Is there such a “thing” as “too much of a good thing?” Devotees (and I use that term, er, charitably) of internet porn might disagree, but even cinephiles (who also like to watch…) may feel that the inestimable Don Malcolm, he of the flashlight and the Lost Continent, just might have had his pith helmet too tightly affixed with his latest Roxie extravaganza: a 20-film collection of forgotten French film noir that moth-flames the 1950s with a heightened level of relentlessness. Continue reading →
(The maestro of the “lost continent” continues to astonish those of us “out there in the dark” with the hidden treasures of French film noir. His “keeper” Anastasia Lin captures his latest discovery—the “Goth Girl” of 1940s French cinema getting her centennial close-up at a “one night stand” on Thursday, July 26 at the Roxie in San Francisco.
“Every train carries its cargo of sin,” says the Rev. Mr. Carmichael (Lawrence Grant) as the journey gets underway in Shanghai Express (1932), the fourth of seven collaborations between star Marlene Dietrich and director Josef von Sternberg. The cargo in this case is two ladies whose reputation precedes them — Chinese courtesan Hui Fei (Anna May Wong) and the notorious white “coaster” — a local euphemism for prostitute — known as Shanghai Lily (Marlene Dietrich). They are but two of the fallen women to be found in Elliot Lavine and I WAKE UP DREAMING’s latest festival of classics, Hollywood Before the Code, screening at San Francisco’s Castro Theatre for six consecutive Wednesdays beginning Feb. 24. Continue reading →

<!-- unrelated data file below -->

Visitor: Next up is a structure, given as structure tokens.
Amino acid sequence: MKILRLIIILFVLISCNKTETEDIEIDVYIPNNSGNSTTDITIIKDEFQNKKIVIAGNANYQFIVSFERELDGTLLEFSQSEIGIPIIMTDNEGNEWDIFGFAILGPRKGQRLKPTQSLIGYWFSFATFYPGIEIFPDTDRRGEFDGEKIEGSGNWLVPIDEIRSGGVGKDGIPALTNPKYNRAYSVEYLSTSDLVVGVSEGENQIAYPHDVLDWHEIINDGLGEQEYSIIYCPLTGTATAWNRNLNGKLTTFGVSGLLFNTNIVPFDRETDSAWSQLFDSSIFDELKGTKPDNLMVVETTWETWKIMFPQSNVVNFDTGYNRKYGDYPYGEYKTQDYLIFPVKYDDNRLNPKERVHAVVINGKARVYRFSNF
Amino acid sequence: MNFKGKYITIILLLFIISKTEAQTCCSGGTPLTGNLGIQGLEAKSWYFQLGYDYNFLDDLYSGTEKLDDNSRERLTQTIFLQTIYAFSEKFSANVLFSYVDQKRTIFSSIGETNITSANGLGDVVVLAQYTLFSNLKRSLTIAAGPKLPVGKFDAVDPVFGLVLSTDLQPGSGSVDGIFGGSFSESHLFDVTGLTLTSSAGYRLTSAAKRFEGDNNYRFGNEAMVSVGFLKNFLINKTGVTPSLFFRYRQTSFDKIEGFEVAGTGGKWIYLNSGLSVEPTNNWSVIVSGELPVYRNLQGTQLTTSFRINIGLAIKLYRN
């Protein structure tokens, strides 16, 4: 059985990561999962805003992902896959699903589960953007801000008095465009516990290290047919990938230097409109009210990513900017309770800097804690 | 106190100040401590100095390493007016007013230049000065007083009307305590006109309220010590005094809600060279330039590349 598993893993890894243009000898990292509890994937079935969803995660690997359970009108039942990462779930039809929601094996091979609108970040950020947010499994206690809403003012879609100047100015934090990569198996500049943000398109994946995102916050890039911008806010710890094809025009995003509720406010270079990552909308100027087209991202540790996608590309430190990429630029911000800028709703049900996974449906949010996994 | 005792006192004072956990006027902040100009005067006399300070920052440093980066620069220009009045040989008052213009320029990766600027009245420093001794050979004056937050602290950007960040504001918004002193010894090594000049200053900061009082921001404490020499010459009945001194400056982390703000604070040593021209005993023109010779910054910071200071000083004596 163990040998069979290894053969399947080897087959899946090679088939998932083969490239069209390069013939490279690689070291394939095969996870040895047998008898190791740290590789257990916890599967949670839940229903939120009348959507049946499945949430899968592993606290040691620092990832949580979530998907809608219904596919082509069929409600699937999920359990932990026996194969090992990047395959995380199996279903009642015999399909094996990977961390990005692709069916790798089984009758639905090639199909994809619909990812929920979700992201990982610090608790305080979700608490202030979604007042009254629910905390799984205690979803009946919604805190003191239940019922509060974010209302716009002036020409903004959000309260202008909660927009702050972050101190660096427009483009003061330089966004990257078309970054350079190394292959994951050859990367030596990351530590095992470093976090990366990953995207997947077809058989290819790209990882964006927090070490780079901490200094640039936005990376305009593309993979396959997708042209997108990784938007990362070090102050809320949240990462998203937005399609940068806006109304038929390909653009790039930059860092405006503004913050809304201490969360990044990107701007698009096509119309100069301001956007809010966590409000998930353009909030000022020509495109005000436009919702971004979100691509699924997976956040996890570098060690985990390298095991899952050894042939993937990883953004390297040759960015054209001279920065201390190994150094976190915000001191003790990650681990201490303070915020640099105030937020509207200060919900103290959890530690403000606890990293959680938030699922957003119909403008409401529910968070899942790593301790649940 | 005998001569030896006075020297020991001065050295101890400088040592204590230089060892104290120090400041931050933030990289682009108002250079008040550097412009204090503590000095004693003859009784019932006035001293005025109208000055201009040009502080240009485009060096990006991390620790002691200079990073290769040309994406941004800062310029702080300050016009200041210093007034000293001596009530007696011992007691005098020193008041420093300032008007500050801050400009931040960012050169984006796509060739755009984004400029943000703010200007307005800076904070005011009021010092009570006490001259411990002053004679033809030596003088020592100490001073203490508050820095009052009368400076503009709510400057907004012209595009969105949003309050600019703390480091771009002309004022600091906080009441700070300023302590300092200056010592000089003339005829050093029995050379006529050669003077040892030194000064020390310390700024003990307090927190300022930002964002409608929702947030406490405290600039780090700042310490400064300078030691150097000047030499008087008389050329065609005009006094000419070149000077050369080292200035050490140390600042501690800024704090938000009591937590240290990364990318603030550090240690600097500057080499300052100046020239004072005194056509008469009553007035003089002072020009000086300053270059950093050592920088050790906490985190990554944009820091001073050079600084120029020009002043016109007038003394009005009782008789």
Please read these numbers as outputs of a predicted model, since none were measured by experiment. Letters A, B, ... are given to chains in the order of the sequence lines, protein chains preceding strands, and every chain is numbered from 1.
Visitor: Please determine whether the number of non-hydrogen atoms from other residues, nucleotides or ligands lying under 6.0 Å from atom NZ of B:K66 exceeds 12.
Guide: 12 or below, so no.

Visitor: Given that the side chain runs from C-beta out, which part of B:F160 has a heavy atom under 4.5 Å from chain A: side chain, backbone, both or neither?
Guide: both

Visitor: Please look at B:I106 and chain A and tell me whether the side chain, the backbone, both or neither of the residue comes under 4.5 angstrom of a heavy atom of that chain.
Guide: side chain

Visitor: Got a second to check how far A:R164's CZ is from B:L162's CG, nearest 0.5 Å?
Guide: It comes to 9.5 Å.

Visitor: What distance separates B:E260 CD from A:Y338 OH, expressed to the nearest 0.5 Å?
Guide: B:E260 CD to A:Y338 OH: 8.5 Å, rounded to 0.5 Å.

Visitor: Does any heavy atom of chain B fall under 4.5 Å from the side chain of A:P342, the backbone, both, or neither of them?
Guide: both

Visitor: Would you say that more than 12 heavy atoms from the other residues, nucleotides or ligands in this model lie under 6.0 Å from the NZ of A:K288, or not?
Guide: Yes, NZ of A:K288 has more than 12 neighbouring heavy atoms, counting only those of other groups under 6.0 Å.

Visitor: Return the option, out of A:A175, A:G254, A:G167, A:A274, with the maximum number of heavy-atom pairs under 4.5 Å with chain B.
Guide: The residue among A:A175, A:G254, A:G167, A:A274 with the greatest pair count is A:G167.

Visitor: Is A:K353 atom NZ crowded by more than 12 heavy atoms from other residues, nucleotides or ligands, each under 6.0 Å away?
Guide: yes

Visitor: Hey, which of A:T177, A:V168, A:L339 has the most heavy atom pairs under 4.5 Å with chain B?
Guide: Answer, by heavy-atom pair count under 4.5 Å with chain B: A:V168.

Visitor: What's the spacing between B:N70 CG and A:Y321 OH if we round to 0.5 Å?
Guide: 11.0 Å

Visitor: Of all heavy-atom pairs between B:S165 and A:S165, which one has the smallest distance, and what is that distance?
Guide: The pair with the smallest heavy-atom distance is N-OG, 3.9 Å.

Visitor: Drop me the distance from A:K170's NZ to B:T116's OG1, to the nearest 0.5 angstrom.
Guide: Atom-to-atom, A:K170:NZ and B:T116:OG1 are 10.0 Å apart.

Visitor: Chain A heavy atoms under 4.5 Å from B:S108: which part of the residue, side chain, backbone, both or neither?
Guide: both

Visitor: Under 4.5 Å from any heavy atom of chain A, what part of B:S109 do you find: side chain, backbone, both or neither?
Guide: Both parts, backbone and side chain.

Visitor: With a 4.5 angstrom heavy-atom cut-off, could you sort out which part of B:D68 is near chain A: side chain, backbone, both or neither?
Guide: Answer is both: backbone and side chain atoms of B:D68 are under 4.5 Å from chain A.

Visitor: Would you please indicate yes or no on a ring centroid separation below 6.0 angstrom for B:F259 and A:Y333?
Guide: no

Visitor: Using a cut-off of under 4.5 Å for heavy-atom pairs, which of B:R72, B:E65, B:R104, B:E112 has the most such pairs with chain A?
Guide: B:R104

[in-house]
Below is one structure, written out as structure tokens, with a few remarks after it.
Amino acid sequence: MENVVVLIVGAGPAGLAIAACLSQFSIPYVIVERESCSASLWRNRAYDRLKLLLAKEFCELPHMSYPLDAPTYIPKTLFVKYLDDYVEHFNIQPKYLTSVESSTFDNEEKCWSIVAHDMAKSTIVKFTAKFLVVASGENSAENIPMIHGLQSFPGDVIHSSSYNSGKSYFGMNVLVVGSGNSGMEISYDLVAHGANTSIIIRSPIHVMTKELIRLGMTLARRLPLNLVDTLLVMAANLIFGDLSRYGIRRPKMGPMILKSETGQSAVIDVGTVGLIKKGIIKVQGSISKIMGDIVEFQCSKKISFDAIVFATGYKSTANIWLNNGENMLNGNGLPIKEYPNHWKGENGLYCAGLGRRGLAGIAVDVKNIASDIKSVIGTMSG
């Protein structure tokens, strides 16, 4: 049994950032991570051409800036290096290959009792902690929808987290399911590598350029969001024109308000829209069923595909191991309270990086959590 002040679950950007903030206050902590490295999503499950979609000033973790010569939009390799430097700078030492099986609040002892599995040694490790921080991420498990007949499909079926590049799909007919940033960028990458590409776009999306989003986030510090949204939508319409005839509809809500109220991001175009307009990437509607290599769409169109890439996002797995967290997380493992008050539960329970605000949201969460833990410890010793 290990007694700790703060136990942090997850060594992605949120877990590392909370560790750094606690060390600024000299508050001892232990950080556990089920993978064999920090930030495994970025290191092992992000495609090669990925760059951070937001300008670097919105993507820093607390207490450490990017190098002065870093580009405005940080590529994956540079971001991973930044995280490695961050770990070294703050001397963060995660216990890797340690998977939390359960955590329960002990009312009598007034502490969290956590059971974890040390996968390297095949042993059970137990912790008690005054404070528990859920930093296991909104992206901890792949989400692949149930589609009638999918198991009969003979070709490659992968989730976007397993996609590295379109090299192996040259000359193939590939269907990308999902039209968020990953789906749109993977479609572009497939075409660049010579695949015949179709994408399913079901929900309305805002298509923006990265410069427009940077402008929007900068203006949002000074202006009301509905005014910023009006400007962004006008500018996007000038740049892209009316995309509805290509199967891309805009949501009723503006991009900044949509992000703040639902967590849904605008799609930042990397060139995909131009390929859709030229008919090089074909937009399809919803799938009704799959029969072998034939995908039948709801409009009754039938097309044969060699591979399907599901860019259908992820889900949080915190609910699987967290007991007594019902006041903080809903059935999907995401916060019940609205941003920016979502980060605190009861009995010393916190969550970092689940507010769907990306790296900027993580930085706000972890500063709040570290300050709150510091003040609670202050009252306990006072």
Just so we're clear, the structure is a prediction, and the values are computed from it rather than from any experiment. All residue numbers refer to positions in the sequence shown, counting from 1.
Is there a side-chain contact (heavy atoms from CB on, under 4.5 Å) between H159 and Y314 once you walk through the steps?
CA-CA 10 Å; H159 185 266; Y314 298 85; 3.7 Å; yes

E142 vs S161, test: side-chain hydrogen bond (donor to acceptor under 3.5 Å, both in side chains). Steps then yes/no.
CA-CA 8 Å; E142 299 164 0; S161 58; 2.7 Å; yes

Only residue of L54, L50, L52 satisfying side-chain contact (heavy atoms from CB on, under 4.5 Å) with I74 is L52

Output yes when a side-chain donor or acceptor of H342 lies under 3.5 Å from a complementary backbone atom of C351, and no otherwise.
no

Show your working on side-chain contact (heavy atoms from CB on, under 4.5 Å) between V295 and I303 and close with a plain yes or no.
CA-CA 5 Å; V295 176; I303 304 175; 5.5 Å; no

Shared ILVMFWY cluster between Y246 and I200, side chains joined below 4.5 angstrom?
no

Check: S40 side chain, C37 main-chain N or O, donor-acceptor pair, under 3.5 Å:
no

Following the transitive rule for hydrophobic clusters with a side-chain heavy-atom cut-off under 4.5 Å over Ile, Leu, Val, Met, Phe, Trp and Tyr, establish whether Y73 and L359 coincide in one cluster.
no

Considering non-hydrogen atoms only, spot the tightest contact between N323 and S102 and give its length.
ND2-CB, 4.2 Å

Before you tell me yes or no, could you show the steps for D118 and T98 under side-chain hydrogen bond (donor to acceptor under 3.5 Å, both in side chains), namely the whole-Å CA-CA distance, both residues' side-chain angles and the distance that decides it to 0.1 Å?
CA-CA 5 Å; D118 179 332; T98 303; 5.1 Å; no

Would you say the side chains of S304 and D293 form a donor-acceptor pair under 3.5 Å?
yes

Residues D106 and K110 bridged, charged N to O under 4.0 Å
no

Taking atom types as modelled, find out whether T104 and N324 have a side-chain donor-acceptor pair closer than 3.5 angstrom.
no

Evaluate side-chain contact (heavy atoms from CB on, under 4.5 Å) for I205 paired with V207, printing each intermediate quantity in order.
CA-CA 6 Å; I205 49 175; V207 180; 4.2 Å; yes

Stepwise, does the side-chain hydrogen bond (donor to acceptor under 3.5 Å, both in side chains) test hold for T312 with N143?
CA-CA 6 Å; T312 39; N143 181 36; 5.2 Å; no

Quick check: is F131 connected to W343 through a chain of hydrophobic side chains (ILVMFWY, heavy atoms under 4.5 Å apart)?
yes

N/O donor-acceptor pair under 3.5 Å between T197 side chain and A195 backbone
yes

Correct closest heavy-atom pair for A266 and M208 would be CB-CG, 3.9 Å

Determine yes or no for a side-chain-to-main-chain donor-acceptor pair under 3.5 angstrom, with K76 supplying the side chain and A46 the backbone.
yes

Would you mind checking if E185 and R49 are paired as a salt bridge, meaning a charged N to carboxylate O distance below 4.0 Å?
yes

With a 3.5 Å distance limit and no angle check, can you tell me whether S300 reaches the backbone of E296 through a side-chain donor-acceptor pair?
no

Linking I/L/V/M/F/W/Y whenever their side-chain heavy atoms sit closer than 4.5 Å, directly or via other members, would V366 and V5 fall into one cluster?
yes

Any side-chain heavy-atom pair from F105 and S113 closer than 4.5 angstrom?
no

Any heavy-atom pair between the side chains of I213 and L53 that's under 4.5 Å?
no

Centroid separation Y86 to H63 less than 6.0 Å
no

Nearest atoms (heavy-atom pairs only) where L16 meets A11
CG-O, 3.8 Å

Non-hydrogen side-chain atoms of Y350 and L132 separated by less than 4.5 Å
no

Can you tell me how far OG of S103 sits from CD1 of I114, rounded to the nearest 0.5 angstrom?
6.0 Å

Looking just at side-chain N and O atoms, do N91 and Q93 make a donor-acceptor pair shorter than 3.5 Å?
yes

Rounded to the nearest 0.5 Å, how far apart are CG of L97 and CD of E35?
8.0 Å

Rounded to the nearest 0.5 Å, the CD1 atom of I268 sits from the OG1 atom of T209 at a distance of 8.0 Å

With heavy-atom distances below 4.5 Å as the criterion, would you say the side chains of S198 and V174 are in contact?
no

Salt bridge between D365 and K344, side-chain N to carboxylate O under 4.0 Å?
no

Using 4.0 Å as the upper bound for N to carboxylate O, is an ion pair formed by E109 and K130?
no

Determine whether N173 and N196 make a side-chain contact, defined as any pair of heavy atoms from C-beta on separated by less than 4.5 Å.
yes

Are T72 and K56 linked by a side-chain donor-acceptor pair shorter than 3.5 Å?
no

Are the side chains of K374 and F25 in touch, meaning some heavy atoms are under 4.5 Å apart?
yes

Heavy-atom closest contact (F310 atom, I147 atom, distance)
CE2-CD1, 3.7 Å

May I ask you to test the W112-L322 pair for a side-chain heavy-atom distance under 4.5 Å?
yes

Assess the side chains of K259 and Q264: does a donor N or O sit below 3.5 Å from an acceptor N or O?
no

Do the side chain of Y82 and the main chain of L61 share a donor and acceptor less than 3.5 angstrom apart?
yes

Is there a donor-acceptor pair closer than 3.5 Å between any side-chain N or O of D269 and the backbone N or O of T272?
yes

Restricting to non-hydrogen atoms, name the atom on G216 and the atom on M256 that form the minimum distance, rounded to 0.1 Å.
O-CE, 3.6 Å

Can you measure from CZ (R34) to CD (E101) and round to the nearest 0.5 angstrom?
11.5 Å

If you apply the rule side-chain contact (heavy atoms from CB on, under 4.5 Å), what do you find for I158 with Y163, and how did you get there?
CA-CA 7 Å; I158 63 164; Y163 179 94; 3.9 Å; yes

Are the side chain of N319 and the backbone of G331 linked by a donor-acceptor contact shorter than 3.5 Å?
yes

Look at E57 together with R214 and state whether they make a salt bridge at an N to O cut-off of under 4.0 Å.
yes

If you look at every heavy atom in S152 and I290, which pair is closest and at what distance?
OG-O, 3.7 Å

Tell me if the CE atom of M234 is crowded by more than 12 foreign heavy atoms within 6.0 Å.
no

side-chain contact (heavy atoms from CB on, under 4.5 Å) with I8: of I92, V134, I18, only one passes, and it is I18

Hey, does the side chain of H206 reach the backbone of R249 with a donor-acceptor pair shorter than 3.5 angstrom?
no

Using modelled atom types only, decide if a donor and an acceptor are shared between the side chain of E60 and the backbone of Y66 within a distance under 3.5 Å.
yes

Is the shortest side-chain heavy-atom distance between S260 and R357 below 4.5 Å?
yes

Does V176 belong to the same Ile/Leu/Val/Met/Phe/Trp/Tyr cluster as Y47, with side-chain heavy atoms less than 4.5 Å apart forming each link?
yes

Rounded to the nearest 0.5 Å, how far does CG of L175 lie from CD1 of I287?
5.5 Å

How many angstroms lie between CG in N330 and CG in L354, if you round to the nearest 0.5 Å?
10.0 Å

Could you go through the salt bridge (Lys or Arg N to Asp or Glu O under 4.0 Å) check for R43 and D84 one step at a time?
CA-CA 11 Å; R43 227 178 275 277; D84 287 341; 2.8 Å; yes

[John Huston’s film version of Hammett’s The Maltese Falcon celebrates its 75th anniversary this year. Turner Classic Movies presents screenings Feb. 21 and 24 at theaters around the country. For more, click here and for the line-up of TCM Big Screen Classics. And, as is our policy, look for extras after the article-ed.]
The first time I walked into Sam Spade’s apartment I thought my head would explode. Continue reading →
For nearly 20 years, film-and-video curator Joel Shepard has programmed one of the country’s best film programs at San Francisco’s Yerba Buena Center for the Arts. Shepard’s new series is Gothic Cinema: Darkness and Desire, which spotlights the moody shadows, doomed love and nightmarish atmospheres of Gothic films from more than several decades. This weekend sees a marvelous Valentine’s Day pairing of the series’ first two films, Alfred Hitchcock’s Rebecca and James Whale’s The Bride of Frankenstein, with 11 more features to come before the series wraps in April. Continue reading →